What then does the director have to say to those for whom the films are the primary objects of interest? Well, if you lay aside questions of interpretation, quite a lot. His account is chockful of insider stories which bear on the productions contextually: the obstructive policies of the National Film Unit, early TV, and their effects on independent film-makers; details of the business of launching films under the tax break loopholes of the 1970s and early 1980s; the lamentable failure of the Film Commission to trust film-makers with records of achievement; the problematics of working with (and earlier living communally with) the erratic but charismatic Bruno Lawrence; an experienced film-maker’s thoughts on scripting and the roles of director, assistant director, producer, line producer etc; and the often dismally farcical consequences of moving from auteurist writer-director to “creative” producers’ plaything in second-string Hollywood productions.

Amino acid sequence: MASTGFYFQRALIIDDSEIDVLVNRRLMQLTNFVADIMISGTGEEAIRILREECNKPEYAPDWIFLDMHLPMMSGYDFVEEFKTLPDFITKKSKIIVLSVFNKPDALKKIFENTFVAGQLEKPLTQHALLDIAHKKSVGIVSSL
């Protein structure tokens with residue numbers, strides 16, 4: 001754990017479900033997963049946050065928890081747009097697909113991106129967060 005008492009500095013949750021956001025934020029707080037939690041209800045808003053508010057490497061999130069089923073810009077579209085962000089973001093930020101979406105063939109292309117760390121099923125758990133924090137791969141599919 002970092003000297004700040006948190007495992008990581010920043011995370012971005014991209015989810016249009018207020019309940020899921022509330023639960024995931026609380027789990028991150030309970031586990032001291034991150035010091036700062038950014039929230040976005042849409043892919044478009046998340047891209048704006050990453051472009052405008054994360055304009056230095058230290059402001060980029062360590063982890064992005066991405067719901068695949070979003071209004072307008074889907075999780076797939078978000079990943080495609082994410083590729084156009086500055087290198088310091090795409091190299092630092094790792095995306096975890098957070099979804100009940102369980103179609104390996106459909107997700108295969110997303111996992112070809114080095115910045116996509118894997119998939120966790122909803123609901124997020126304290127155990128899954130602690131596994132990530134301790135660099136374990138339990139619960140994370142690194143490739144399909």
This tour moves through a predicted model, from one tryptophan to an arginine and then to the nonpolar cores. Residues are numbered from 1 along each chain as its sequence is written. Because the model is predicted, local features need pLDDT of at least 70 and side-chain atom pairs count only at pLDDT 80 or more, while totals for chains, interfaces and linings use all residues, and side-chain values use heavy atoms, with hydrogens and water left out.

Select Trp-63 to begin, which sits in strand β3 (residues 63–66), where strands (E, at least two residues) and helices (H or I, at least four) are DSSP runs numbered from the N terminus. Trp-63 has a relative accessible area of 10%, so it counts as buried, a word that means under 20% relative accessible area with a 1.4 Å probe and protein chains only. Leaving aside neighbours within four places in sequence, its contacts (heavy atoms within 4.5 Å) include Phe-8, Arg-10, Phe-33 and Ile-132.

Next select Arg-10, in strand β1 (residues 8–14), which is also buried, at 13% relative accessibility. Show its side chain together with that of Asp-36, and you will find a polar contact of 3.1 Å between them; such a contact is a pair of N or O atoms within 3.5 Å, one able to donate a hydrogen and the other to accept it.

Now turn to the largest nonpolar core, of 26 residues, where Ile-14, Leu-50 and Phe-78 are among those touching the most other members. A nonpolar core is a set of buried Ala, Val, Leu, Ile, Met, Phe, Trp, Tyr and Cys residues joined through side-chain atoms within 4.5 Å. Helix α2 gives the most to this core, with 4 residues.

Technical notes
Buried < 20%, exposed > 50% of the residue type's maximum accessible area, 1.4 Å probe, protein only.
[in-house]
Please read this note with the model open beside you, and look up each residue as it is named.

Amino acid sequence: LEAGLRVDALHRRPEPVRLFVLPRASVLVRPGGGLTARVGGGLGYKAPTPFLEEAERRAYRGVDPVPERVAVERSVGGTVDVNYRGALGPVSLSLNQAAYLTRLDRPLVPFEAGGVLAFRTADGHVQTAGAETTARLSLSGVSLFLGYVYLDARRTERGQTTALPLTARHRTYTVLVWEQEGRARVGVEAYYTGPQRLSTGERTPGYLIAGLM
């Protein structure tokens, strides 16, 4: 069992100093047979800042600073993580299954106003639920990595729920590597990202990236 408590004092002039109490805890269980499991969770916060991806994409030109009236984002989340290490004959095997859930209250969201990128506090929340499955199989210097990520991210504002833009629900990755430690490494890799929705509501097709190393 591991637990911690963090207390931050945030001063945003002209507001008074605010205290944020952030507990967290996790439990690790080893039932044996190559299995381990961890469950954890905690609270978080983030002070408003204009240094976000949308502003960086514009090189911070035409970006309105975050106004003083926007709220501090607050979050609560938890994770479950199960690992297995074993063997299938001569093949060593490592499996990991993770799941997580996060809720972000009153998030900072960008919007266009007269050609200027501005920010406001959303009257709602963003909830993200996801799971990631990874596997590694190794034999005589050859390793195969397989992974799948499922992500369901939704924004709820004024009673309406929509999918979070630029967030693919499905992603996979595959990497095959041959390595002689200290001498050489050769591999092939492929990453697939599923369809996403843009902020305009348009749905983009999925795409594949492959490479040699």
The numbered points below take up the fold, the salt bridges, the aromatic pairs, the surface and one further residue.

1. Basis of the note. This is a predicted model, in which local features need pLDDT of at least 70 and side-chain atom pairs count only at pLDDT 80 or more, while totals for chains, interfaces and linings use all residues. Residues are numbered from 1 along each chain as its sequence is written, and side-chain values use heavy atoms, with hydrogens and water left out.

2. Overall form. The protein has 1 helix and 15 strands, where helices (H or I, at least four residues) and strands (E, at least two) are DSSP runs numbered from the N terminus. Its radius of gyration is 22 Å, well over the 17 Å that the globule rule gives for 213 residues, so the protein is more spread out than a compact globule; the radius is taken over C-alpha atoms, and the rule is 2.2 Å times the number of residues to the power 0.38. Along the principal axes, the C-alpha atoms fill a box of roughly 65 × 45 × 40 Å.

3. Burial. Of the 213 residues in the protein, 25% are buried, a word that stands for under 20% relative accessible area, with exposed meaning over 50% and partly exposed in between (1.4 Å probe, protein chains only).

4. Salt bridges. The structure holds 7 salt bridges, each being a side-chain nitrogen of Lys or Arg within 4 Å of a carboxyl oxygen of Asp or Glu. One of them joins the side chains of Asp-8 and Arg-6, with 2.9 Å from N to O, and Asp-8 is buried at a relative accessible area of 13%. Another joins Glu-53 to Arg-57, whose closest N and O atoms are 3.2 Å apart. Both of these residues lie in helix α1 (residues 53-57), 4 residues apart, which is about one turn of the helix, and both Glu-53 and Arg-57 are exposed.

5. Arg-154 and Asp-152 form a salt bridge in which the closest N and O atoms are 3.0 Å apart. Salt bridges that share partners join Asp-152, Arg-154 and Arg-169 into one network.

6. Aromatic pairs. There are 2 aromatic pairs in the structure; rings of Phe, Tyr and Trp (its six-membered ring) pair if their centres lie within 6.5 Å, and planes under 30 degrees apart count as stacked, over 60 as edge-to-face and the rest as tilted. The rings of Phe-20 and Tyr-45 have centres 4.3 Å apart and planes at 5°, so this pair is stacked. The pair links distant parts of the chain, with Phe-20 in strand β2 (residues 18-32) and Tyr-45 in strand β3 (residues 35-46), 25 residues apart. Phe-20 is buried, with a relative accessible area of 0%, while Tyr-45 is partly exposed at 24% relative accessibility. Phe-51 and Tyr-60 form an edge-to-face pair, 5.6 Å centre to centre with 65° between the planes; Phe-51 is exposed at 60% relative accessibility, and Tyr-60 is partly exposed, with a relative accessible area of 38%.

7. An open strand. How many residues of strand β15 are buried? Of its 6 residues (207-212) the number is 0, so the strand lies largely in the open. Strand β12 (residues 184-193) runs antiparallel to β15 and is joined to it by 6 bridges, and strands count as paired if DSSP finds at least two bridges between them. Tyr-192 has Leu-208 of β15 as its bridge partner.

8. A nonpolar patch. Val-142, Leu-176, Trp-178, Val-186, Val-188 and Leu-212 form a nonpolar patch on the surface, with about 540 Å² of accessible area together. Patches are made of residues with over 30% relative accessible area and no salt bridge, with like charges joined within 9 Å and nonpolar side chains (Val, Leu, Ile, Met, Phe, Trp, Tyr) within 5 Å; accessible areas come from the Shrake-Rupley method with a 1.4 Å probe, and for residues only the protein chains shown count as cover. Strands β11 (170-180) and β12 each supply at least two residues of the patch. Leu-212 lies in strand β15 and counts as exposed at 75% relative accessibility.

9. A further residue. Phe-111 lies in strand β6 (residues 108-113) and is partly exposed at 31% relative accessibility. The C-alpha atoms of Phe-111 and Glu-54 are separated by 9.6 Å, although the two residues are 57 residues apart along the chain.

Most compelling to this reader are insights into the making of the three central films that reveal the intuitive hands-on practicality of Murphy’s fitful genius, and the mixture of control and serendipity in his film-making. Since, for some, these will be the most important parts of the book, a few instances are in order. In Pork Pie, the protagonists’ potently metaphorical alter ego masks of Groucho Marx and the Red Baron arose out of the necessity of covering the switching of actors and stuntmen in certain scenes. The happy rejection of John O’Shea’s advice that one of the protagonists should be Māori and the plot driven by “racial tension”, a tension expelled to the peripheries of the comedy, but revived full throttle in Utu and in the later parts of The Quiet Earth. The influence of cultural politics on crew choices for Utu. Also, in Utu, the crazy seeming – but effective in extreme longshot – kitting out of 500 schoolgirls and riding club members as a 1000-strong army in the biggest profilmic crowd scene in New Zealand cinema, with the greater numbers in the Rings being computer generated, thus scoring to the director’s mind one for traditional film-making over Jackson’s vast budgets.